Overwhelmed Office Worker

Somewhere in the back of your mind you are aware that discovery and Motions for Summary Judgment deadlines are looming. Yet, you really don’t pay attention to them until they are upon us usually around day 45 when you start trying to schedule experts. That is when you realize there are not enough hours in the day and days in the week. Unless you have a case that is a simple slip and fall or a fender bender, the last 100 days before trial can be daunting. Throw in a Motion for Summary Judgment or Summary Adjudication into the mix and you’re swamped. Then there is the ultimate question you ask yourself, “When am I going to find time to prepare for trial.”

The Code of Civil Procedure timeline regarding deadlines for expert disclosure, close of discovery and the last day discovery motions can be heard is demonstrated below.  Seeing it scheduled in black and white is kind of scary.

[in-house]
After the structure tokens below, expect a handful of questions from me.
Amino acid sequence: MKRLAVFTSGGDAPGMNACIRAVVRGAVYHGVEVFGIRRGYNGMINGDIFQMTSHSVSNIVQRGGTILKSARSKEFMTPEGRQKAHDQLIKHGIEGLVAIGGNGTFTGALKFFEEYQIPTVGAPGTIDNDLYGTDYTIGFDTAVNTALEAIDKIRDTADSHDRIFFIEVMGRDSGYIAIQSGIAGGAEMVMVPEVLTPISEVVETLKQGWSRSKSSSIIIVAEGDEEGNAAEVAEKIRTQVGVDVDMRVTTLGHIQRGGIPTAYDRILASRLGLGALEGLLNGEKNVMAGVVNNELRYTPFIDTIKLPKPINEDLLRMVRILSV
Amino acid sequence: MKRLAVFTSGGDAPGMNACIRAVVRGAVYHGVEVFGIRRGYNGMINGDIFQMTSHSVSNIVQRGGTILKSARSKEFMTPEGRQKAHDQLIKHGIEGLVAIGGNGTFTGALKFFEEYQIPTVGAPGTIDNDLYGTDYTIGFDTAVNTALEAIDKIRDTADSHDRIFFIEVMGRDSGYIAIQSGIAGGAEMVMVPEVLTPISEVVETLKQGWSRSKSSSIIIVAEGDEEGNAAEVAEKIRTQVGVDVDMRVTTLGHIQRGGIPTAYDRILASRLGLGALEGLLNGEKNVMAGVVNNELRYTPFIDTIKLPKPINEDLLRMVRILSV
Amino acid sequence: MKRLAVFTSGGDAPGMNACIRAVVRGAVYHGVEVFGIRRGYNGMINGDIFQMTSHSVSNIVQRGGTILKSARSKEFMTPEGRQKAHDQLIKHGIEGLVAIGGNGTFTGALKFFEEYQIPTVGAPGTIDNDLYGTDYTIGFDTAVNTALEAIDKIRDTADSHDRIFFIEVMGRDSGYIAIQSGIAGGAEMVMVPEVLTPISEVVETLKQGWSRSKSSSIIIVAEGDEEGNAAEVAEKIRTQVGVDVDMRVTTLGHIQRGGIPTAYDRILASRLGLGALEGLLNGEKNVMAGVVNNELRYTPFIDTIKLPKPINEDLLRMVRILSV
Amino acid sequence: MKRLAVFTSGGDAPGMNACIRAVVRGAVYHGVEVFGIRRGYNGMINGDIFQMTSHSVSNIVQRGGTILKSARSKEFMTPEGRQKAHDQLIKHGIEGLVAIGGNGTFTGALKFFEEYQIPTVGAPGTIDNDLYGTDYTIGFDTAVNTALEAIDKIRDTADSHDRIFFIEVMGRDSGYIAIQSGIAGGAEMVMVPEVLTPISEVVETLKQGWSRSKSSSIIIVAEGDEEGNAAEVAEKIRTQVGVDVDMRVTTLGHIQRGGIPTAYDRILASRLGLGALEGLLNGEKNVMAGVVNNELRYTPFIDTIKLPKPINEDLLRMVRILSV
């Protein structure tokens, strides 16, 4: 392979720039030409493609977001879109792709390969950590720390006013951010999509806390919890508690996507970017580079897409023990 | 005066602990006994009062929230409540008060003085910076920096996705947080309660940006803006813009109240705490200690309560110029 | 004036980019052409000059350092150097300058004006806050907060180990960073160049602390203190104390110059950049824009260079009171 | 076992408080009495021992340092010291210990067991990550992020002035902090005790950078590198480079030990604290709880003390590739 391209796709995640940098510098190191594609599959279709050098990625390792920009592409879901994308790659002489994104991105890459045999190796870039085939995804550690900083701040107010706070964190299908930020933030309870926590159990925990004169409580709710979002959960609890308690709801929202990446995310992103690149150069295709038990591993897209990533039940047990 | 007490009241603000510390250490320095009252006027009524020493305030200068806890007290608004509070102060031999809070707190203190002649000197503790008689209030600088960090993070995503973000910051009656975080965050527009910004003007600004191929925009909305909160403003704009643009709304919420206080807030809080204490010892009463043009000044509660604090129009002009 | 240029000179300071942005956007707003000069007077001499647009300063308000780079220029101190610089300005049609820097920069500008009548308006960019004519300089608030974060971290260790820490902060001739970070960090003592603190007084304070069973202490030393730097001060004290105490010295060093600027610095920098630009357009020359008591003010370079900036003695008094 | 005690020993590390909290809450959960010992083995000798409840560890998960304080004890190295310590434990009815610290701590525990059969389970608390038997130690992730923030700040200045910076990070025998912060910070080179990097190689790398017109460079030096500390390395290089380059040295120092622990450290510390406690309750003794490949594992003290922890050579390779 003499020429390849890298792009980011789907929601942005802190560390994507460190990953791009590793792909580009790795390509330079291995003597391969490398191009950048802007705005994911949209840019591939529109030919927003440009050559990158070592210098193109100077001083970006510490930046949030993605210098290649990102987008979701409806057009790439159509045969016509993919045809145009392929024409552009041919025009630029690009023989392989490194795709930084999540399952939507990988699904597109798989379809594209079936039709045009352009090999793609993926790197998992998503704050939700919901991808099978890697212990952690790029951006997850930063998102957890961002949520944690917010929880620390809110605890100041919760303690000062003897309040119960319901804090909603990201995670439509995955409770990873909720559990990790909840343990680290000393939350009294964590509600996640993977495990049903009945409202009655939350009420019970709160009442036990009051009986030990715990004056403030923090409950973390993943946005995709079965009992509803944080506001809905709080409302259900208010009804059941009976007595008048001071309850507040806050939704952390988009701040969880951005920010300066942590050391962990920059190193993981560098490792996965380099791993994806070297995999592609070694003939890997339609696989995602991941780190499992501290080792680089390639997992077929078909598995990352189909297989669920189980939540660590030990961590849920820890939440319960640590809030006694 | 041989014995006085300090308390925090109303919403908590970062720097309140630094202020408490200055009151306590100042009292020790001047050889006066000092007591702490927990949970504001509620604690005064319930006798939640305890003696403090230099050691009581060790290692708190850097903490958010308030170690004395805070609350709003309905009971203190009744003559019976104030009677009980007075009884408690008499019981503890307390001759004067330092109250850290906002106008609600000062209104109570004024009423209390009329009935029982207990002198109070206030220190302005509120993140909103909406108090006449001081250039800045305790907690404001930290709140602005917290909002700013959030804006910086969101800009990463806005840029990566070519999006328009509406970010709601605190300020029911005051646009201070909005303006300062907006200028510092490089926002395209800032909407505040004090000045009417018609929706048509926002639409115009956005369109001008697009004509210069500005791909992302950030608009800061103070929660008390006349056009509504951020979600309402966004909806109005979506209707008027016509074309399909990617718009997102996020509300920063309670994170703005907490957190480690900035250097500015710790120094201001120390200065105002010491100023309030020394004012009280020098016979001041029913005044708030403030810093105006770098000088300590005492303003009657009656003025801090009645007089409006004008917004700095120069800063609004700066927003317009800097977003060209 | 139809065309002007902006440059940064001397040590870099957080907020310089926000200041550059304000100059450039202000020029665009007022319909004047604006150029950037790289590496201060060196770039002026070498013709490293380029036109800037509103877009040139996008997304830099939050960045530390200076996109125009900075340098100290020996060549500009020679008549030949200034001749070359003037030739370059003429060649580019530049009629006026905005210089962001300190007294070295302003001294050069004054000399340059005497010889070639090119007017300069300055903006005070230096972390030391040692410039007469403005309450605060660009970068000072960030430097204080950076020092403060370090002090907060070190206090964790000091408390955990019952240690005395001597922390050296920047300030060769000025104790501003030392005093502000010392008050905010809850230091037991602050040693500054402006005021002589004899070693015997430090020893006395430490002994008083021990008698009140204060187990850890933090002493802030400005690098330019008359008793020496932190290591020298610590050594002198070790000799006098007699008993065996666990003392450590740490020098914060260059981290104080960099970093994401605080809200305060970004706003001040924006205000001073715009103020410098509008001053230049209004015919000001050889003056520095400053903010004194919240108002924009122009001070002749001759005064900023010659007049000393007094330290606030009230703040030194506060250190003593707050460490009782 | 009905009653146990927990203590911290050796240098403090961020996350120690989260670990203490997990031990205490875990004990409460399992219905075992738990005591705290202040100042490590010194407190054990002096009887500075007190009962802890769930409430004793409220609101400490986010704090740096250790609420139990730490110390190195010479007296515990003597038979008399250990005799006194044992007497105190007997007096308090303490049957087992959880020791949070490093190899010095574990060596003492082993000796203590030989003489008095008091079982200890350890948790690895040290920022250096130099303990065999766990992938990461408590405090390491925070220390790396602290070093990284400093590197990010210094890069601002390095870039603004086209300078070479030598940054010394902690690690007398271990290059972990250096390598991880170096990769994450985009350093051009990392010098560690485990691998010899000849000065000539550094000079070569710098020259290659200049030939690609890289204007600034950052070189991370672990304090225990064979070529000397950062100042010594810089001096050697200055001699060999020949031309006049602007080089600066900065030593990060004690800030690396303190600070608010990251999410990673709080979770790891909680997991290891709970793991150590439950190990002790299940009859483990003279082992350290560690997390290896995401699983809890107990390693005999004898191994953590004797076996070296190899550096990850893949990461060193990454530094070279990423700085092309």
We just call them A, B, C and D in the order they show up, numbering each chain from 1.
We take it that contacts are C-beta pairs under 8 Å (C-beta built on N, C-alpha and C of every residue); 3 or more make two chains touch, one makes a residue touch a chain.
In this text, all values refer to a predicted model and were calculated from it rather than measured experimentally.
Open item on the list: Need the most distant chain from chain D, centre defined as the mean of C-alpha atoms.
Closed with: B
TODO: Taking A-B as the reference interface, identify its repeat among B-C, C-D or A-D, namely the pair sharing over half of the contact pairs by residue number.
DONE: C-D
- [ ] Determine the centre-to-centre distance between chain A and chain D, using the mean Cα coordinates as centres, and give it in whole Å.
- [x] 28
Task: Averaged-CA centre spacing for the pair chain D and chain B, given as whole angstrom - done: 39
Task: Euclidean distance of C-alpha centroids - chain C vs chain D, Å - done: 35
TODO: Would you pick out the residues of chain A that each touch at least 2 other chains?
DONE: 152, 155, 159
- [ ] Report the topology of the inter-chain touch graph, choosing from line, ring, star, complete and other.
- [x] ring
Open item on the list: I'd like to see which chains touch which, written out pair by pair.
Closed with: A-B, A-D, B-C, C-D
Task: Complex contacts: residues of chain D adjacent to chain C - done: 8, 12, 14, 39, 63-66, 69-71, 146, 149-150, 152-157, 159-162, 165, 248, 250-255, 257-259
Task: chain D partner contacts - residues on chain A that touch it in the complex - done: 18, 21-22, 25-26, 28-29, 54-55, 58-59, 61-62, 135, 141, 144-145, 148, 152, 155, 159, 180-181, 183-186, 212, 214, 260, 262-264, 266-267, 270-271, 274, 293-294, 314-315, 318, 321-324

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On Monday, September 17, 2012, Governor Brown signed Assembly Bill 1875 which will limit depositions to one seven (7) hour day. This law conforms with the federal rules and becomes effective on January 1, 2013. The enactment of the legislation will add Section 2025.290 to the Code of Civil Procedure which will read as follows:
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You are within fifty days of trial and you are in receipt of defendant’s expert witness disclosure. She has three experts and you have three experts. All six of them need to be deposed in less than 35 days and you haven’t yet sent out a deposition notice. You pick up the phone and meet and confer with opposing counsel to select dates. During the conversation the attorney for the defendant states very adamantly

My expert will not be ready to testify until your expert testifies. Besides you are the plaintiff and you have to go first!

Heard this before? I have and there are some significant problems with defense counsel’s position.
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